A new venture called Montgomery Street Lane is launched today. It is a collaboration of four of Scotland’s leading support agencies, Firstport, Challenges Group, Project Scotland and Volunteering Matters and aims to be a one stop shop for charities and social businesses.

It will also act as a focal point for impact investors targeting enterprises which are addressing social challenges. 

“The vision for Montgomery Street Lane is a bold one,” said Josiah Lockhart, Firstport’s Chief Executive. “We’re building an enterprise support network for social entrepreneurs and impact investors, for start-ups and SMEs looking to grow, expand and export. We’re focused on making it a place of optimism, opportunity and outcomes.”

Mr Lockhart added: “We’re offering these individuals a place where key support services are in one location, and where each of the Lane residents can collaborate on offering a joined-up and partnership approach to business development and growth.”

Among the four organisations they lay claim to 90 years’ experience across a range of fields including business consultancy, management training, exports, seed funding, impact investment, business support services, volunteering , international development, marketing and communications, and project management.

The four founders have about 40 staff and volunteers based at a refurbished 19th-century mews house just off Elm Row.

Mr Lockhart added: “We’ve seen the model operating successfully and impactfully in other countries, such as in Sweden, but this is the first of its type in Scotland.”

Alexandra Baker, Director of Challenges, said: “Montgomery Street Lane is where an entrepreneur can come and have their business idea scrutinised, supported, and turned into a viable strategic plan that can then grow into a sustainable business.  Together, Challenges, Firstport, ProjectScotland and Volunteering Matters bring a range of business options, such as management training, internships, volunteering opportunities, project management, and of course export and international market linkages. Seed funding and catalysing is another offering, as is investment should a business owner be looking to scale up, for example.”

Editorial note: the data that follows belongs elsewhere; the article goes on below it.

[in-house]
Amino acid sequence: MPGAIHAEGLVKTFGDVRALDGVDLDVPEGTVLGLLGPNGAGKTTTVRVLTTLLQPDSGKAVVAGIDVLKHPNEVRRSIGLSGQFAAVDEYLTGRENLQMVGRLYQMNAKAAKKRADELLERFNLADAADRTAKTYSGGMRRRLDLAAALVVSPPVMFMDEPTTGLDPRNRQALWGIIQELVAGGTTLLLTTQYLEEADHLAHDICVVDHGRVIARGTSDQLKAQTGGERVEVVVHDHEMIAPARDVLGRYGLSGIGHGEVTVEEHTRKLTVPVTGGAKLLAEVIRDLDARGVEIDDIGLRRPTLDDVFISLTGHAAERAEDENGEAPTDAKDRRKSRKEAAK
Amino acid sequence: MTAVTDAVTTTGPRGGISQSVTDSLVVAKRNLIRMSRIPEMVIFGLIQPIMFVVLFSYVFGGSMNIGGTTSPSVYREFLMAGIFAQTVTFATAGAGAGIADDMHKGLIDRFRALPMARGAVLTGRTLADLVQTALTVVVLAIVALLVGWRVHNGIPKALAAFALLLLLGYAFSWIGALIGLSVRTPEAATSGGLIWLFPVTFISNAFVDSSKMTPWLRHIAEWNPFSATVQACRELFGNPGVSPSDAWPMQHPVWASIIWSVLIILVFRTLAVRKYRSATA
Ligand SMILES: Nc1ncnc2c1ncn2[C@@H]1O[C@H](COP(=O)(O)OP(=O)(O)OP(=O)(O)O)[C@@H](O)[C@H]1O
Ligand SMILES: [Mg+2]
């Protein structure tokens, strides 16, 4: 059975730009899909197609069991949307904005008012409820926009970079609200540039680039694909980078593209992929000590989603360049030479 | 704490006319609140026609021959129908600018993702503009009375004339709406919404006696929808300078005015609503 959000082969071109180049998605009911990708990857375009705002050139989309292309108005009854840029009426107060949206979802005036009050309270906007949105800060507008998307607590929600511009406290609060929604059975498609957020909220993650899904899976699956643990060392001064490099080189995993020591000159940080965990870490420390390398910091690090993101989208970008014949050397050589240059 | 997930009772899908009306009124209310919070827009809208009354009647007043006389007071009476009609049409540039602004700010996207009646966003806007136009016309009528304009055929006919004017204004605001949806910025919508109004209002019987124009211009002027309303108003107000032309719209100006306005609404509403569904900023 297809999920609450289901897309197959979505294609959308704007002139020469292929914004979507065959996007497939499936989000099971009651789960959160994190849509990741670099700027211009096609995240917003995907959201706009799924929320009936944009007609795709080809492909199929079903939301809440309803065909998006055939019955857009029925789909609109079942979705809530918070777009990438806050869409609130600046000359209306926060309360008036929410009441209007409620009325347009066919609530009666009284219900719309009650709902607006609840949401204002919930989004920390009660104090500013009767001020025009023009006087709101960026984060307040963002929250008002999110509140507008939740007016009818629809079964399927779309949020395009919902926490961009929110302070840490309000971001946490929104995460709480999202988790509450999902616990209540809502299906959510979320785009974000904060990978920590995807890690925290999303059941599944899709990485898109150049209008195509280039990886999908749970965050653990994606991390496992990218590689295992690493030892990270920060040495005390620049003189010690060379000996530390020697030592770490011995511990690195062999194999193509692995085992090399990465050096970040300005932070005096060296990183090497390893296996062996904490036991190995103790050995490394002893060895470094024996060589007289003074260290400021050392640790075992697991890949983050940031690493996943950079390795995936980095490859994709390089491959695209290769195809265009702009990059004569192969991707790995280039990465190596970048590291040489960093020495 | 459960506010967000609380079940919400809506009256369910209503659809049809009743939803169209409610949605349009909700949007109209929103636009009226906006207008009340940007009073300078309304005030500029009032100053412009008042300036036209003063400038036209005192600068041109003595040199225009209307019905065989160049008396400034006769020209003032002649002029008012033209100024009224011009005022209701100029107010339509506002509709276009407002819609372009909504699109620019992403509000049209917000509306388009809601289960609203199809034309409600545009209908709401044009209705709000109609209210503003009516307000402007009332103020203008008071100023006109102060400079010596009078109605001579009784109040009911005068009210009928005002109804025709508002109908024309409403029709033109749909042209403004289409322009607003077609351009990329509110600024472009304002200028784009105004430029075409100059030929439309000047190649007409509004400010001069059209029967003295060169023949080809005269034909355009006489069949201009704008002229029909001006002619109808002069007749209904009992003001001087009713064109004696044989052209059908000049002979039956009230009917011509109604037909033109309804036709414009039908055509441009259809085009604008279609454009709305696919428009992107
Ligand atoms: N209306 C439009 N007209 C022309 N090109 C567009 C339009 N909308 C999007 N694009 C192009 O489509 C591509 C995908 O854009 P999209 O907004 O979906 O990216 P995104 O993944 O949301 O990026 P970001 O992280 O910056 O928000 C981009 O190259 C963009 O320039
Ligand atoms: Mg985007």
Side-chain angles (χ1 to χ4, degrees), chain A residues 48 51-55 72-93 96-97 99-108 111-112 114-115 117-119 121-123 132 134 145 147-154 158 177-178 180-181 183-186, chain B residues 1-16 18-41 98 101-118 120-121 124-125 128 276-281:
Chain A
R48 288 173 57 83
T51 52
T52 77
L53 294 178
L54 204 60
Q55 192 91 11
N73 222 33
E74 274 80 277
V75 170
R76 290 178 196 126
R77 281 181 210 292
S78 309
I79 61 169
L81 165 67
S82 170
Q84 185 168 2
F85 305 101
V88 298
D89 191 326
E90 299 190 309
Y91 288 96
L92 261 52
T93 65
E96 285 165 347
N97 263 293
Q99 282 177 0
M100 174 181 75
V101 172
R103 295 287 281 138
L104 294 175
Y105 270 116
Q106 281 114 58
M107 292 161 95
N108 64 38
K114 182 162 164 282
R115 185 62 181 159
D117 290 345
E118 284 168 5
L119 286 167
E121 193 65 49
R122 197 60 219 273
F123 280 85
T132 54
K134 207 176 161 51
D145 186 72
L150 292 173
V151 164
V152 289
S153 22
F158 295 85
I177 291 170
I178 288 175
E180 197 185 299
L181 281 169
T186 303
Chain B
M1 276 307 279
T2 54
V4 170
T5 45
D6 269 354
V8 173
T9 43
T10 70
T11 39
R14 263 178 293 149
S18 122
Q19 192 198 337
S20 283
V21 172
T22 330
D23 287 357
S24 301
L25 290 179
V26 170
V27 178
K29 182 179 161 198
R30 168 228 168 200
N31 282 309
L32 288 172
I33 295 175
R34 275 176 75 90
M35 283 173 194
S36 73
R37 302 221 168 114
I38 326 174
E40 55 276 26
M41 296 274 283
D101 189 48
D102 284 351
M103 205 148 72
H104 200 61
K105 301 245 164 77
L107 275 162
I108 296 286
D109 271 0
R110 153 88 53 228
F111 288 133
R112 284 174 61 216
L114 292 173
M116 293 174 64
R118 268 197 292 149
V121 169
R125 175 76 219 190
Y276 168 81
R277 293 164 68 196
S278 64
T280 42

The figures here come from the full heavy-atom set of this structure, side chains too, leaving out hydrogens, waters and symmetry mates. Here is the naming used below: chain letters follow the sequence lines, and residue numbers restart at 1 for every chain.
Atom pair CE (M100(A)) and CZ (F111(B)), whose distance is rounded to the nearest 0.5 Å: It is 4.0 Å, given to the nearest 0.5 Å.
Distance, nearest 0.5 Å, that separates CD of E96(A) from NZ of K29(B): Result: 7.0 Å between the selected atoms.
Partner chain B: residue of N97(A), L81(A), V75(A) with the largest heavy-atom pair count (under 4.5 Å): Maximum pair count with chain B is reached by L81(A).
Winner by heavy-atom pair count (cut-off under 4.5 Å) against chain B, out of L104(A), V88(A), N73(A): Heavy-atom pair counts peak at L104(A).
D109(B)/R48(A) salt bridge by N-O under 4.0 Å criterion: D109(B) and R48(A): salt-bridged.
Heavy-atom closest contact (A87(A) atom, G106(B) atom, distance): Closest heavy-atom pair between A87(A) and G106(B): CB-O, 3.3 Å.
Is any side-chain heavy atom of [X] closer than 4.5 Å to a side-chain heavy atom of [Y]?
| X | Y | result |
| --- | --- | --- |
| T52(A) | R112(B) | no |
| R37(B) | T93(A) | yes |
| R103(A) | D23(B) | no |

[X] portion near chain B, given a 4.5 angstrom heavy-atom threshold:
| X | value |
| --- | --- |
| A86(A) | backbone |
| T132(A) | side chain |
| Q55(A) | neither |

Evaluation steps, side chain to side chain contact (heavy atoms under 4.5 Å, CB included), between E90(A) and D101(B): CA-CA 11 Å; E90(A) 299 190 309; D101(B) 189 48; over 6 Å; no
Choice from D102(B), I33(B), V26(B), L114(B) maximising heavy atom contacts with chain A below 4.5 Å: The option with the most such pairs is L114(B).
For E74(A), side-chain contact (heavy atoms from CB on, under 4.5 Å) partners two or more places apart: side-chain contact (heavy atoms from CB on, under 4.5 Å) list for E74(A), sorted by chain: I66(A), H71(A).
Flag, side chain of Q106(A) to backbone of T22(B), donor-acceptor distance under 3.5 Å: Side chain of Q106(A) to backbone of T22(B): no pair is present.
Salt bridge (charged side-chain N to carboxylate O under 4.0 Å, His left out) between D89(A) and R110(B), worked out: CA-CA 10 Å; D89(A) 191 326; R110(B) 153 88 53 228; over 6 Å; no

Mrs Baker cited the example of Clean Water Wave, a social enterprise that has developed a revolutionary water filter system that can remove micro- and nano-plastics as well as other toxins and pollutants from the water supply. “Clean Water Wave were introduced to us through Firstport and, through our Scottish Government-funded Access Africa Programme, we are now working with them to explore opportunities to provide clean drinking water in Rwanda and other African countries where we have a presence.”

Mrs Baker added: “Giraffe Healthcare, Lilypads and Bampoo are similar examples of social businesses that have worked with our Lane partner Firstport and then joined our AAP scheme to explore export opportunities.”

Paul Reddish, Chief Executive of Volunteering Matters and ProjectScotland, said: “The collaborative culture here at Montgomery Street Lane has significant advantages and, quite simply, means our combined offering is far greater than the sum of its parts. But it is also greatly benefits the residents here. It means, for example, the residents can partner on joint programmes, and we’re already seeing the fruits of that.” 

Montgomery Street Lane will give start-up entrepreneurs and people from other businesses and agencies access to a fully serviced drop-in hotdesking service. There businesses will be able to network and get advice from a range of experts, while partner agencies will use the various spaces for workshops, conferences and other events.

A partnership with the city’s Valvona & Crolla deli next door offers access to V&C’s theatre space, as well as discounts on their coffee and catering.

“It’s these unique extras that add up to create a rich and well-rounded offering for social entrepreneurs and change-makers,” Mr Reddish added.

PHOTO Chris Watt